Science lectures featured with films


The idea of science embedded in movies is not new, and when the board of the Mesilla Valley Film Society (MVFS) noticed an available grant pairing science-related movies with real scientists, the board members were intrigued.

Board member Joel Segal took on the writing of the grant and, falling in love with the concept of pairing film and reason, was able to get the funds to bring a series to the Fountain Theatre working with some of the top scientists in the area.

“The concept of the Science on Screen grant pairs movies that have scientific subject with a very knowledgeable speaker to speak to some theme with the movie,” Segal said. “The speaker can take it a lot of places. This year we have a Ph.D. in math, a Ph.D. astronomer and a woman who is an advocate for science education for women.”

In addition to the films and the speakers MVFS, with help from the grant from the Alfred P. Sloan Foundation and the Coolidge Corner Theatre, can also offer free attendance for up to 20 students. Segal said students who wish to get in free can ask for their tickets at the door.

The “Science on Screen” film series takes place one Sunday night per month for each of three months, pairing a film with an expert-led discussions of a scientific topic.  

“We mostly looked for speakers with a strength and then looked for the movies,” Segal said.

The movies include Darren Aronofsky’s first feature film, “Pi,” which will screen alongside a lecture by NMSU mathematics professor David Finston on Jan. 14; “The Martian,” with astronomer William Stein on Sunday, Feb. 11; “CODE: Debugging the Gender Gap” with computer science teacher Melody Hagaman on Sunday, March 10.

"Pi" is a psychological thriller film that challenges viewers with its abstract and cerebral themes. It serves as a precursor to Aronofsky's later works, such as "Requiem for a Dream," "The Fountain" and "Black Swan." It was released in 1998 and marked Aronofsky's feature film directorial debut. The film is known for its unique style, intense atmosphere and thought-provoking narrative.  "Pi" incorporates mathematical and numerical symbolism throughout the narrative, with the number pi (π) itself as a central element. The film also touches on concepts from chaos theory, Kabbalah and mysticism.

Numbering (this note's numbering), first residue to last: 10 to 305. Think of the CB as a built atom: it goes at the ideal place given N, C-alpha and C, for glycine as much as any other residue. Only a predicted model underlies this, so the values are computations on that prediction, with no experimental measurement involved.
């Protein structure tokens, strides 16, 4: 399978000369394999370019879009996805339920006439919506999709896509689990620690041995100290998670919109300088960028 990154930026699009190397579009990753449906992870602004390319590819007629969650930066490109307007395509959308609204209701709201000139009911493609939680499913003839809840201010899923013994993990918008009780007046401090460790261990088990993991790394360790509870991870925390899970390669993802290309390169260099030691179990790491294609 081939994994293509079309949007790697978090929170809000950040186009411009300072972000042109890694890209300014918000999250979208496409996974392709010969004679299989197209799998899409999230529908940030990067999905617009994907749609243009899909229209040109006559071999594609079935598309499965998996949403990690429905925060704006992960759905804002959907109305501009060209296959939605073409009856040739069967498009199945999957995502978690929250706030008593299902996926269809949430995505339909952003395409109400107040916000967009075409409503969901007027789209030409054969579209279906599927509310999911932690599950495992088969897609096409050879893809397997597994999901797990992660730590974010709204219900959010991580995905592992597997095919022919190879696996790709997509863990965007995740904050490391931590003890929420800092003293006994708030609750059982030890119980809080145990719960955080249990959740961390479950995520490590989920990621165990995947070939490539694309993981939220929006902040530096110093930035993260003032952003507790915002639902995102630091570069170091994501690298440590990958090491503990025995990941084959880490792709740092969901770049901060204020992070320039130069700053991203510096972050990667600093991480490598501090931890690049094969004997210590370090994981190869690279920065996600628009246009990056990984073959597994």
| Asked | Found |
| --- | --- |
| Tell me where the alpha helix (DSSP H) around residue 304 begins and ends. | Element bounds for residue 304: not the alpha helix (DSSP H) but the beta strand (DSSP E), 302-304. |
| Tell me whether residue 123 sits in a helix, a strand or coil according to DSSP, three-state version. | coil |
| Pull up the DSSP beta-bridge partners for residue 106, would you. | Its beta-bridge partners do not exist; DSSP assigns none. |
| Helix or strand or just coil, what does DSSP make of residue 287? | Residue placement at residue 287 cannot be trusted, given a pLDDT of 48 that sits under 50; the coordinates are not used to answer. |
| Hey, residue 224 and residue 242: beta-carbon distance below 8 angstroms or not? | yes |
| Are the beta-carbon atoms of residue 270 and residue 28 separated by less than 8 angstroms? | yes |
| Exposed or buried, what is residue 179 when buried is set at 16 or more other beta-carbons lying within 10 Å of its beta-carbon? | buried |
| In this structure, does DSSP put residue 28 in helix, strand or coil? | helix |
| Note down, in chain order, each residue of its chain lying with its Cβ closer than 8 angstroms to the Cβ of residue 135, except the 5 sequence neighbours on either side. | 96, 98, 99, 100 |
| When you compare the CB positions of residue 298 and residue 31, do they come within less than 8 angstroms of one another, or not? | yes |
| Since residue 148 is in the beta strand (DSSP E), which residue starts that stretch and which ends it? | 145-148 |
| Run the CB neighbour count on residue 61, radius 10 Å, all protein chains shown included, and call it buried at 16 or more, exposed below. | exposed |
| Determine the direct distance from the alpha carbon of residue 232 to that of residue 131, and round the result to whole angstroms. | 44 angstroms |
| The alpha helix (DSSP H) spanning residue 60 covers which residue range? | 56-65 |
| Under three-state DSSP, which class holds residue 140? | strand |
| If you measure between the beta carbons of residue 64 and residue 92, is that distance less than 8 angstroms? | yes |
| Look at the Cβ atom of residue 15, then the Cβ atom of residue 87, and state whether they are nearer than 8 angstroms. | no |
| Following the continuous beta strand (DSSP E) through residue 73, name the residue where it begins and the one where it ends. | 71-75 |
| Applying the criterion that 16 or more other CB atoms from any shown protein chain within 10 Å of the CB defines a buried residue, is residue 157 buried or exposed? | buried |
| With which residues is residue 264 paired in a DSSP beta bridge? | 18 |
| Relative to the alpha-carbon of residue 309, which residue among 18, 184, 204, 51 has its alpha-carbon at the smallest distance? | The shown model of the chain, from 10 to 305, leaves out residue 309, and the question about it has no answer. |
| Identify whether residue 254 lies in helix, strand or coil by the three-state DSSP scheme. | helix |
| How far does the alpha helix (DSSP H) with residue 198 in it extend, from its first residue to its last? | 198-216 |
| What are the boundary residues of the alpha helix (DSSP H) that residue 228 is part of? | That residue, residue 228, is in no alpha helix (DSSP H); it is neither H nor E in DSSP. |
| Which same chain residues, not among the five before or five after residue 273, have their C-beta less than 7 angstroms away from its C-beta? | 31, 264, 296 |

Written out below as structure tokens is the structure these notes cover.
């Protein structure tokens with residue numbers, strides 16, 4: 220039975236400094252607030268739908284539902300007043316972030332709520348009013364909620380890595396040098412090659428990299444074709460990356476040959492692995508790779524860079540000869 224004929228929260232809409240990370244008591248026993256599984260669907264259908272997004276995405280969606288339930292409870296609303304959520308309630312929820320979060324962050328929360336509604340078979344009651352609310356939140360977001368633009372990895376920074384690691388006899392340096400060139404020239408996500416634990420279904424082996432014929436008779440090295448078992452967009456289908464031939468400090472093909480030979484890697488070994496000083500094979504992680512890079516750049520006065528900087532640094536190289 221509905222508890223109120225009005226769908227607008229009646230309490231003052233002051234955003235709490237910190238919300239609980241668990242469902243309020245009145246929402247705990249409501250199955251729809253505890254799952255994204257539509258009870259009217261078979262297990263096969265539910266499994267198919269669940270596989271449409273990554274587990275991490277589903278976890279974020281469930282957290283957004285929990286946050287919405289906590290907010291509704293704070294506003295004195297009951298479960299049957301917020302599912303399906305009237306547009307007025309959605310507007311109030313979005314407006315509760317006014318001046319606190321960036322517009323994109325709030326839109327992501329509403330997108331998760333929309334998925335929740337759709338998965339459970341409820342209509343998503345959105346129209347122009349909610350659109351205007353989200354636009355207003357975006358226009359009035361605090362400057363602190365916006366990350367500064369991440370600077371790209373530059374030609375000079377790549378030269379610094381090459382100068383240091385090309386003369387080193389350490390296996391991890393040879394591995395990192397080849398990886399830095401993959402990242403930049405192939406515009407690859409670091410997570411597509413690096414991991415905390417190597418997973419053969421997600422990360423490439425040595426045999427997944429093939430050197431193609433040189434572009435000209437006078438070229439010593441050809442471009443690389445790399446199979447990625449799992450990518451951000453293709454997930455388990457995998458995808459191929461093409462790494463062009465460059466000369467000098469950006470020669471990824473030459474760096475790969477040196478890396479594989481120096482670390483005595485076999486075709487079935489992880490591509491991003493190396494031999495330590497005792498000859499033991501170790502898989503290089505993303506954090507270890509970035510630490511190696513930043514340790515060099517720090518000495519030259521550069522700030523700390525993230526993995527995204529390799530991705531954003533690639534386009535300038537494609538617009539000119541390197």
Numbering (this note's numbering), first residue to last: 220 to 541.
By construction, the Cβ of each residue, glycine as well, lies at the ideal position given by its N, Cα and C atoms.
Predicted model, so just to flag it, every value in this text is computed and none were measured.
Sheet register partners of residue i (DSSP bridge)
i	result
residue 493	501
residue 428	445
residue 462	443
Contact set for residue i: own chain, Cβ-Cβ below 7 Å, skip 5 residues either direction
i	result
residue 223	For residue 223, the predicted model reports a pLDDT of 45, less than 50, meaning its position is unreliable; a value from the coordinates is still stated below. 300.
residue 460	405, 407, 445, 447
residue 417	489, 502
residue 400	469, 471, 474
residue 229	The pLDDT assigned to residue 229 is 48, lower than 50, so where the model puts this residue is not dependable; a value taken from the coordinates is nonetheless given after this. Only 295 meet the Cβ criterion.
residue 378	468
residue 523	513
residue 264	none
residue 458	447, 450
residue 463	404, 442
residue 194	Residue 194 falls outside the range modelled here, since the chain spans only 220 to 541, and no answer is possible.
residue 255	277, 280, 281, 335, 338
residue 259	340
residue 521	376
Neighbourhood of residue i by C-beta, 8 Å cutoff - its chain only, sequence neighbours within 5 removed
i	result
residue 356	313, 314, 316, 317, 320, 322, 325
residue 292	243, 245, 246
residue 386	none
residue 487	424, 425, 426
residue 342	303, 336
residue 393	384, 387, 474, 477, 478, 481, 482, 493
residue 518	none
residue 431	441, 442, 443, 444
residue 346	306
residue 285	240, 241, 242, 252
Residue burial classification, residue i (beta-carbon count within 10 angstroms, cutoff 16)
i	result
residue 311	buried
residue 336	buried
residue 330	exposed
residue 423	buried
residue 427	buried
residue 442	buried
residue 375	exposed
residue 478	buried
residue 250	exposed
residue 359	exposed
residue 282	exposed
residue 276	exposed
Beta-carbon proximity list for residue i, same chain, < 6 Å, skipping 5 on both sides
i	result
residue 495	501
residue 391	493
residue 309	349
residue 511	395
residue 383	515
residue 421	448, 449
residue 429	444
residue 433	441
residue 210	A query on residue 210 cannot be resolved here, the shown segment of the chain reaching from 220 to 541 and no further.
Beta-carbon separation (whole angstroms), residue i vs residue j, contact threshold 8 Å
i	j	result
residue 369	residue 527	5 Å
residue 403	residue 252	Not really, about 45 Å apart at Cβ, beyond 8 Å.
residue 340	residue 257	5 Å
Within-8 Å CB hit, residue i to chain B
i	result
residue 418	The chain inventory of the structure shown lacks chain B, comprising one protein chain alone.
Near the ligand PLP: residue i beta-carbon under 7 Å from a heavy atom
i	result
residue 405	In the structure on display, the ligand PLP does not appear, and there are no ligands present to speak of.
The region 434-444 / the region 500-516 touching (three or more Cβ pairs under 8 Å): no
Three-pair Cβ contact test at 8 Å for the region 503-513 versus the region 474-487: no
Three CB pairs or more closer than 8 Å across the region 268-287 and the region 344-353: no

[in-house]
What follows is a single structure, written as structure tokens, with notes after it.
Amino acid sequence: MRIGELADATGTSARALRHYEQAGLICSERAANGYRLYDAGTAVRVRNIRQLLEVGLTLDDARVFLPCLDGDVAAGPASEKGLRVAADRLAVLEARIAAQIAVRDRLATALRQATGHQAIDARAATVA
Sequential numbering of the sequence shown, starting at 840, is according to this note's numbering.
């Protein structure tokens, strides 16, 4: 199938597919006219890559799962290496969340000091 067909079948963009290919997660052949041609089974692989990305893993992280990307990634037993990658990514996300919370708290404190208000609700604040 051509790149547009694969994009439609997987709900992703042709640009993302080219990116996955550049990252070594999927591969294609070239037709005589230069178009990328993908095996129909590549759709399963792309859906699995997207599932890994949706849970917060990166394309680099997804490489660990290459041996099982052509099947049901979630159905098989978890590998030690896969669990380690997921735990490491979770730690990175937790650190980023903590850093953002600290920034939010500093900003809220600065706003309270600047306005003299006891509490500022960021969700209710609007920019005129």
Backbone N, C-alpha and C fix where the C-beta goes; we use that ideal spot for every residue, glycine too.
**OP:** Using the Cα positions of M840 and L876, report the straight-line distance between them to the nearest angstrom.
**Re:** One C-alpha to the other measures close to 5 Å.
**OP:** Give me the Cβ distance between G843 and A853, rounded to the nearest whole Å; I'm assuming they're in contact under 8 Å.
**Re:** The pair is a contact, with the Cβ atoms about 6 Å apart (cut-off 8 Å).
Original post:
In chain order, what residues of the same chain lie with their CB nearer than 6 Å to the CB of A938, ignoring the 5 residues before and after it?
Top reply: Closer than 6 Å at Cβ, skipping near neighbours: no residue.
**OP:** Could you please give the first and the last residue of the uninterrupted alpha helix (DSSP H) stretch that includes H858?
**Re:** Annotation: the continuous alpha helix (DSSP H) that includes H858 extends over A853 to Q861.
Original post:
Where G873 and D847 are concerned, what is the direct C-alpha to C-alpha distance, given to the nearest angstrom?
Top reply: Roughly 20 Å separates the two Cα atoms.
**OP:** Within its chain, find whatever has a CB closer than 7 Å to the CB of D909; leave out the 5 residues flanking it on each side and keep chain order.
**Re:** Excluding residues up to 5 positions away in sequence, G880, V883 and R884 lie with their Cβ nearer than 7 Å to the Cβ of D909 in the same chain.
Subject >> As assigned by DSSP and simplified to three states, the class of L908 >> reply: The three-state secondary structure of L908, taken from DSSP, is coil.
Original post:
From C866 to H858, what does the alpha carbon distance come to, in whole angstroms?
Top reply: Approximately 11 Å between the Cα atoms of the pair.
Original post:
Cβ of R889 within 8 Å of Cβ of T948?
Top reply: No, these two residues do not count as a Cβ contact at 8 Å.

Finston, holding a Ph.D. in mathematics and a professor emeritus from NMSU, will speak on Fibonacci numbers, the Golden Ratio and other irrational numbers. Finston has been teaching a liberal arts mathematics course for many years and is nearly done with a textbook for such a course.

The Coolidge/Sloan Foundation nationwide Science on Screen partnership, in a news release, says its mission is “to inspire in theater-goers an increased appreciation for science, technology, engineering and mathematics as compelling enterprises and vital elements of a broad understanding of human culture and current events.” The Mesilla Valley Film Society is one of 12 first-time 2023−24 Science on Screen grantees.

"These events, which pair expert speakers in 40+ states, demonstrate that science can illuminate films, just as films can illuminate science,” Segal said.

Segal joined the MVFS board responding to a call for volunteers at a time the society was struggling to keep the doors open, since then he has been helping with the financial end of the non-profit.

“I think the Fountain Theatre is a treasure and I wouldn’t want to see it go away,” he said.